Last week, Liz Mair of the RNC guest-posted here at BlogHer, and asked what issues would be on readers’ minds as you head to the polls in November.
Many of you responded that health care was a major concern. So, as one of John McCain’s economic advisers and someone who speaks frequently about his plans for reforming and improving health care across the United States, I thought I might take the opportunity to fill the BlogHer community in on the main features of the McCain health care plan and what John McCain believes we can accomplish by implementing it. In the simplest terms, John McCain’s goal is to make health insurance easier and more affordable to acquire and make it innovative and portable — objectives which, when met, will drive down the number of uninsured Americans while ensuring increased access to better quality health care, overall.
John McCain’s plan builds on the current system and allows for greater choices for American families that more uniquely fit their needs, including allowing families to keep their existing coverage. He believes that Americans should be able to purchase health insurance in a national market, across state lines, should they so desire. That will, in turn, drive insurance rates down and simultaneously allow Americans access to a greater diversity of insurance plans — meaning that purchasers of insurance will be able to acquire coverage better tailored to their needs, at a lower cost. Because John McCain plans to offer a tax credit of $5,000 per family, or $2,500 per individual, to purchase insurance, Americans will have viable options for acquiring personal, as opposed to just employer-provided, insurance. That, in turn, will increase portability — a key concern for women, many of whom are self-employed and who tend to change jobs with greater frequency than men — and who want to make sure our health insurance follows us wherever we may go.
But those are not the only components of what John McCain is proposing with regard to health care. In addition, he plans to expand the benefits of Health Savings Accounts (HSAs), and bring down actual health care costs (as opposed to insurance costs). In part, this would be accomplished by bringing greater competition to our pharmaceutical markets via safe reimportation of drugs and faster introduction of generic drugs into the market. It also would be accomplished by focusing federal research efforts on curing chronic disease, promoting new treatment models, rewarding quality and encouraging preventive health care. Incredibly, treating chronic disease accounts for three-quarters of America’s annual health care bill. So, getting chronic disease under control will help bring costs under control, while improving Americans’ health, overall.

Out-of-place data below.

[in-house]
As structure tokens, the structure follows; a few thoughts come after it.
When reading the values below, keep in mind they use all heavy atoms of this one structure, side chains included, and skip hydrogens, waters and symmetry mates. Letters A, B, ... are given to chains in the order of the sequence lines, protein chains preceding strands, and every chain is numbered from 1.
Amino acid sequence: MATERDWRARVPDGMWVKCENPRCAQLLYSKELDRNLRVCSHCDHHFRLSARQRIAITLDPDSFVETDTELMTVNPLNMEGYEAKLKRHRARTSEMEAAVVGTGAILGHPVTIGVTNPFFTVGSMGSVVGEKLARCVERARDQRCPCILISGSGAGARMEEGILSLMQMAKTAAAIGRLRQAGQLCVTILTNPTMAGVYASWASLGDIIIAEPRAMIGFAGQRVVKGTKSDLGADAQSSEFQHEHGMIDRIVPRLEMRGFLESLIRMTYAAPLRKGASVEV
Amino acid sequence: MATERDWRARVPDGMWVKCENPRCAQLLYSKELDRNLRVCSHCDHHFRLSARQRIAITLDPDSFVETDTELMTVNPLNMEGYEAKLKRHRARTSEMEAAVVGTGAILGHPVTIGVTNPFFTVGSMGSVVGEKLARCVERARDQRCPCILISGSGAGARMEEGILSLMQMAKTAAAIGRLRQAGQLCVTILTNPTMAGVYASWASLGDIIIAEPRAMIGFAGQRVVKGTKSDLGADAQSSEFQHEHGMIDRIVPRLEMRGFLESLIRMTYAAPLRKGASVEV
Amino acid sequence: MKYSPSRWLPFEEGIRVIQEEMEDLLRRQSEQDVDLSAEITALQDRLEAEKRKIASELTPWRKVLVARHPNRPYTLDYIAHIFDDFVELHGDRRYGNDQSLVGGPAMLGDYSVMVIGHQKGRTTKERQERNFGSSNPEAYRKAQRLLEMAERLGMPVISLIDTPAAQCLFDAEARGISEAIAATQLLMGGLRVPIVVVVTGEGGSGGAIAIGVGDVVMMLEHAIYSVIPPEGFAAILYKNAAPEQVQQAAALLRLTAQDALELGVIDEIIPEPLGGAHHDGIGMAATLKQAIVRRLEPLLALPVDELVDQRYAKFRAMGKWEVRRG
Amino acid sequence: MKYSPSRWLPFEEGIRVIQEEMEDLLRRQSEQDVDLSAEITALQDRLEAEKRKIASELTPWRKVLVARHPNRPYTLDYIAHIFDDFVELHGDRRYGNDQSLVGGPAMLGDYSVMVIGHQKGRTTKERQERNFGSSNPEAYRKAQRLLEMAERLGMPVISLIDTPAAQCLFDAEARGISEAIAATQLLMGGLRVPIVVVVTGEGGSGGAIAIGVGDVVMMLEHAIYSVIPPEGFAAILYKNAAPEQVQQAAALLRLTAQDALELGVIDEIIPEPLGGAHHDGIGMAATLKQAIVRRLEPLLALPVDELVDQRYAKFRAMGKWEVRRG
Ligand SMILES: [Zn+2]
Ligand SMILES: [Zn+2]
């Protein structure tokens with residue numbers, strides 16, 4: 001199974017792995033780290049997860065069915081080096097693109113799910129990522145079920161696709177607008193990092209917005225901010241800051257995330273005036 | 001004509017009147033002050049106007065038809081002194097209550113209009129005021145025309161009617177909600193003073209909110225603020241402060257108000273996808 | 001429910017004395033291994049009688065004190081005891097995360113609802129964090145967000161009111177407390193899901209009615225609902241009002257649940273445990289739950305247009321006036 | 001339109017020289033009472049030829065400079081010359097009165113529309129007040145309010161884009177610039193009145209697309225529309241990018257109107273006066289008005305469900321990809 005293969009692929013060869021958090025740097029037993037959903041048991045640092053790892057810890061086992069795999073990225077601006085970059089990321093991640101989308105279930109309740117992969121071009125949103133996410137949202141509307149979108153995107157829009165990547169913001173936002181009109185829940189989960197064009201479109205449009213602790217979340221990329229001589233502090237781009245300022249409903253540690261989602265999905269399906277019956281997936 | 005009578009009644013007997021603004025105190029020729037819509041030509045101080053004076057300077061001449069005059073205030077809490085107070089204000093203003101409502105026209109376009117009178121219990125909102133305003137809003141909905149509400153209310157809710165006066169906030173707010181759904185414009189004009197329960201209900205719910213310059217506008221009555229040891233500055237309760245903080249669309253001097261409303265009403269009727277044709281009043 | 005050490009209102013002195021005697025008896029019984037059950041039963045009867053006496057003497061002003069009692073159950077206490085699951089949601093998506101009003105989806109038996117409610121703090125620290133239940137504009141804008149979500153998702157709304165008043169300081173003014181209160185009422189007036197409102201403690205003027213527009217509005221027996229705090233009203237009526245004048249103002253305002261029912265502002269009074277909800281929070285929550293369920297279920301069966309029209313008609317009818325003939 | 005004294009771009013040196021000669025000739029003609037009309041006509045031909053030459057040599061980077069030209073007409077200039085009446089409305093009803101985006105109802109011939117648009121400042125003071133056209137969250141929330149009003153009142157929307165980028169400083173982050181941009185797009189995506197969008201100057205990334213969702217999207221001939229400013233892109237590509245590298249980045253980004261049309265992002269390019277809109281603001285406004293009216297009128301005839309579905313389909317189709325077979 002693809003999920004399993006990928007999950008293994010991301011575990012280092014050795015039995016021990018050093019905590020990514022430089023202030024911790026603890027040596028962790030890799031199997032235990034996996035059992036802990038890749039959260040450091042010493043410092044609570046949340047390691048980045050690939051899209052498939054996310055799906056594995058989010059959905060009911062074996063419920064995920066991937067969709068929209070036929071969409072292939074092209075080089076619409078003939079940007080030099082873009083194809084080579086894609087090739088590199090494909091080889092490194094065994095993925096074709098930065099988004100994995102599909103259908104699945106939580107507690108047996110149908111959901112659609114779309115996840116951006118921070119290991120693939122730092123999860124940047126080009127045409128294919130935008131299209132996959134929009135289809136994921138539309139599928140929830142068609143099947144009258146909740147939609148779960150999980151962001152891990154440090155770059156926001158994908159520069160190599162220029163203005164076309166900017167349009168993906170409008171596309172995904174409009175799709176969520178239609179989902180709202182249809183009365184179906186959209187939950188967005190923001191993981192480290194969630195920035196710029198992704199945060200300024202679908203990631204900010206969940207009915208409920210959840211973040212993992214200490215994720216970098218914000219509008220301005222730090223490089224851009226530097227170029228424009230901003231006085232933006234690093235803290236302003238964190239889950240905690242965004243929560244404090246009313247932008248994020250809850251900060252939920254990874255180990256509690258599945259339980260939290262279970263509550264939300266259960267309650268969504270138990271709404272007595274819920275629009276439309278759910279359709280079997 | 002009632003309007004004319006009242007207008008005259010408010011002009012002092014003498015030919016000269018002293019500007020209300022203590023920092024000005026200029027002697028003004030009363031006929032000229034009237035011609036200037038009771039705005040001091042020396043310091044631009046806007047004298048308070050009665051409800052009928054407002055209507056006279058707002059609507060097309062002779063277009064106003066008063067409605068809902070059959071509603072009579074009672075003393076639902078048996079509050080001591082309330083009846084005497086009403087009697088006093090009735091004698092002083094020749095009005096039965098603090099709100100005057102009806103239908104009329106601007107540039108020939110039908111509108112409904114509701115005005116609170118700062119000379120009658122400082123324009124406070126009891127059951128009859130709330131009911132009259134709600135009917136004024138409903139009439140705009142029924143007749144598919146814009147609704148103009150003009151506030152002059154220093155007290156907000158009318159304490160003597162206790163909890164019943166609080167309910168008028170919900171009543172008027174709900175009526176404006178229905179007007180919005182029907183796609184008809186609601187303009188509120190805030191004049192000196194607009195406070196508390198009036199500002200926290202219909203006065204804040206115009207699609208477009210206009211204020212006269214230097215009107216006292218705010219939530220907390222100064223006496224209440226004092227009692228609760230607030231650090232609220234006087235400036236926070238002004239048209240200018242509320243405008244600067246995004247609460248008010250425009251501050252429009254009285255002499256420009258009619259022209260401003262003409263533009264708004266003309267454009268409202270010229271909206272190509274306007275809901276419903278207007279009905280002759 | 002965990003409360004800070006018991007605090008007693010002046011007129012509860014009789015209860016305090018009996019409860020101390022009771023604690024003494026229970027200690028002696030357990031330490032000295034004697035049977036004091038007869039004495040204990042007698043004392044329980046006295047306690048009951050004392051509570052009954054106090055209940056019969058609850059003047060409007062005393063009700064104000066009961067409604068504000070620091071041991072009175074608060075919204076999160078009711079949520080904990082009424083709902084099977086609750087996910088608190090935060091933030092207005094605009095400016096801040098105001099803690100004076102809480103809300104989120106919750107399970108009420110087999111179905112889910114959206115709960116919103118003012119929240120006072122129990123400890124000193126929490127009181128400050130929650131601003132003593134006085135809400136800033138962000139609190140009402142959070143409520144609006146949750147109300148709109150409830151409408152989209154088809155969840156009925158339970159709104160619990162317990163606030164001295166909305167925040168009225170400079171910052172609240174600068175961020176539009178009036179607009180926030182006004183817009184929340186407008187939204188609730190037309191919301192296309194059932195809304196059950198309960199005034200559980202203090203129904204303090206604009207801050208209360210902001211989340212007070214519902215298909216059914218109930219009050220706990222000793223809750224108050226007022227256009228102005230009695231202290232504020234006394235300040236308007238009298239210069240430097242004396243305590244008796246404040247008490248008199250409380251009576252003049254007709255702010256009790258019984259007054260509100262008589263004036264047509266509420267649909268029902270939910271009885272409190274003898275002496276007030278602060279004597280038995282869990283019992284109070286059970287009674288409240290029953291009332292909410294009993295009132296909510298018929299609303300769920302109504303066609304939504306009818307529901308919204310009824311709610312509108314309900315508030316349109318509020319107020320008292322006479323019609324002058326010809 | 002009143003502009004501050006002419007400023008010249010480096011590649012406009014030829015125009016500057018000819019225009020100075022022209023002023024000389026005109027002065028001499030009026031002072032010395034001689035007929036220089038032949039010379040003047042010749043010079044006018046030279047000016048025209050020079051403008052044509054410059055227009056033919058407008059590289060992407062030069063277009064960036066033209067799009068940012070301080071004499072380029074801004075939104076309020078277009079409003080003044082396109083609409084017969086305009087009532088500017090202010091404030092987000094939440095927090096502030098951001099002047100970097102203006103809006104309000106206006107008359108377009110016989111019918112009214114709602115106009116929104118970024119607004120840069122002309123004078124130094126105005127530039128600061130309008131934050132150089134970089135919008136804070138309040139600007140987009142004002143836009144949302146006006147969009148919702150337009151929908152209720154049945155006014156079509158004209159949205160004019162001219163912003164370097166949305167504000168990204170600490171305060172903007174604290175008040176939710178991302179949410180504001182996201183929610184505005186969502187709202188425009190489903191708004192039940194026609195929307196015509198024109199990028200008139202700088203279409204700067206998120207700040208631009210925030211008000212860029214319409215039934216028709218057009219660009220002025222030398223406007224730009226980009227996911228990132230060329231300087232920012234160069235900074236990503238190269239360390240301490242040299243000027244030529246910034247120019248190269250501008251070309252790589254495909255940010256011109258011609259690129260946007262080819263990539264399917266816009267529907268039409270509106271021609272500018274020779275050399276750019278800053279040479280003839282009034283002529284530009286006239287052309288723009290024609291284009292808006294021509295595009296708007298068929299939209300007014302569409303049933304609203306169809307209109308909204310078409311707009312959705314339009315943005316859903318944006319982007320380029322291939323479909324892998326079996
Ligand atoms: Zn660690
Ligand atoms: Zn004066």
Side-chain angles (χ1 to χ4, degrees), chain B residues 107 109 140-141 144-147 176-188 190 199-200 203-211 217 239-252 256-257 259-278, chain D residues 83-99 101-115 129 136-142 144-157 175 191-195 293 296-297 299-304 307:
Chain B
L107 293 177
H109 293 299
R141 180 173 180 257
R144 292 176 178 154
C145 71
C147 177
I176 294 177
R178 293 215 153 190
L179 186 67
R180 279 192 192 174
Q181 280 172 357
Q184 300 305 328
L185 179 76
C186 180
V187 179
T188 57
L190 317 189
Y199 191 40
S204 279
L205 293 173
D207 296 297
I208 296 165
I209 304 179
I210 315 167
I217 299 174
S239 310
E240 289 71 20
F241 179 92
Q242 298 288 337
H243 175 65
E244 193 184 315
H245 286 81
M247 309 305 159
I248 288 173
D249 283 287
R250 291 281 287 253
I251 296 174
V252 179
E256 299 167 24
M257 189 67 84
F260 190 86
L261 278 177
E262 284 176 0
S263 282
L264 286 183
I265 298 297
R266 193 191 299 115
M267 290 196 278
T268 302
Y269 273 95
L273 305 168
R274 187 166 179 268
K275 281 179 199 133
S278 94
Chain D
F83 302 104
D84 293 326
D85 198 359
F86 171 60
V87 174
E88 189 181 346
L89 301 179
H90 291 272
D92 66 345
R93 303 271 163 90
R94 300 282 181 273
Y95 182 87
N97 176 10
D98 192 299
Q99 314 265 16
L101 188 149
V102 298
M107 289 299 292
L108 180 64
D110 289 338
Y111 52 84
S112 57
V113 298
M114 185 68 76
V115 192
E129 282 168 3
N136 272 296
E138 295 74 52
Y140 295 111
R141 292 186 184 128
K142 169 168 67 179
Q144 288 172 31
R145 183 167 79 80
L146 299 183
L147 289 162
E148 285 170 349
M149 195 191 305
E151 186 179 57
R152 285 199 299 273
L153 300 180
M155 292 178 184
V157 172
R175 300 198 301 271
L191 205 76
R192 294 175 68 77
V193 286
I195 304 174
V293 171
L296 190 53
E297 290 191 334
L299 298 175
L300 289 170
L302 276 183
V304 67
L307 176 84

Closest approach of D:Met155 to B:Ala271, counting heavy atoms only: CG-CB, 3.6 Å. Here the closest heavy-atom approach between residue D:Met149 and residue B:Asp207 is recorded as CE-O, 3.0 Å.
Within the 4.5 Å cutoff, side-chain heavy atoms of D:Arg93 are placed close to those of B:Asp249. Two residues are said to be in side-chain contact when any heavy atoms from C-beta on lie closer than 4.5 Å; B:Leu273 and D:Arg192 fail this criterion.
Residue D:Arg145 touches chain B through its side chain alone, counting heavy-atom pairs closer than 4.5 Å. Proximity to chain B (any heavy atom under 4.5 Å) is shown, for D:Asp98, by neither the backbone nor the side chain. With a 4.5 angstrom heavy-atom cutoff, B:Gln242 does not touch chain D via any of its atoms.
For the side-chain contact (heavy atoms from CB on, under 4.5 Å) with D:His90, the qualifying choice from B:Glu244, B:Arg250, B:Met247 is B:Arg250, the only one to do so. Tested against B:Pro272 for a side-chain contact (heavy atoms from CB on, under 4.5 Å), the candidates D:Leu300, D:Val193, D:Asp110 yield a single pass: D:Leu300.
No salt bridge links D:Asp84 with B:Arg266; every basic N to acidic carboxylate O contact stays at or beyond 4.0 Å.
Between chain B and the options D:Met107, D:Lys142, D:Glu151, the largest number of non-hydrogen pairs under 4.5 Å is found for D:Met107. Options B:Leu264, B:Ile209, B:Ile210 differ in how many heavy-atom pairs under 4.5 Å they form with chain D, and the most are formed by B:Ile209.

Increasing transparency with regard to health care costs also is critical. Too frequently, patients find themselves in the dark when it comes to medical costs and outcomes, which does nothing to promote keeping costs down and quality high. John McCain wants prices and doctors’ and hospitals’ ratings up on the Internet for everyone to see — and he firmly believes that will serve to promote quality treatment while helping to drive costs down.
No American should be denied access to quality coverage simply because of a pre-existing condition. This is an important priority for John McCain. He would work with the states to make sure that those without prior group coverage and those with pre-existing conditions would have access to health coverage, via a Guaranteed Access Plan (GAP). The model for that would be formulated on the basis of the best experience of individual states. However, one approach might be to establish a nonprofit corporation that would contract with insurers to provide coverage to patients previously denied insurance, and which could partner with other state plans to broaden insurance pools and reduce overhead costs. The bottom line is that under a GAP established pursuant to John McCain’s health care plan, premiums would be limited at a reasonable level and assistance would be available for Americans below a given income level.
For the 47 million Americans currently without health insurance, John McCain’s plan will do a great deal to decrease the cost of care and increase the accessibility of coverage and it will bring this startlingly high number down. Most importantly, however, it will do this without putting government bureaucrats and regulations in between women and their doctors, and without restricting personal choice, as Barack Obama’s plan surely would do.
For that simple reason, I’m a strong supporter of the approach to health care that John McCain advocates — and I hope that my explanation of exactly how he aims to reform our health care system has offered the BlogHer community some insight into how American health care would improve under a McCain presidency. Of course, both John and I would love to hear your feedback.
Carly Fiorina is the Victory '08 Chairman for the Republican National Committee, the Chairman and CEO of Fiorina Enterprises and the former Chairman and Chief Executive Officer of the Hewlett-Packard Company. She and her husband Frank have two daughters and two granddaughters. They split their time between Silicon Valley and Washington, D.C.
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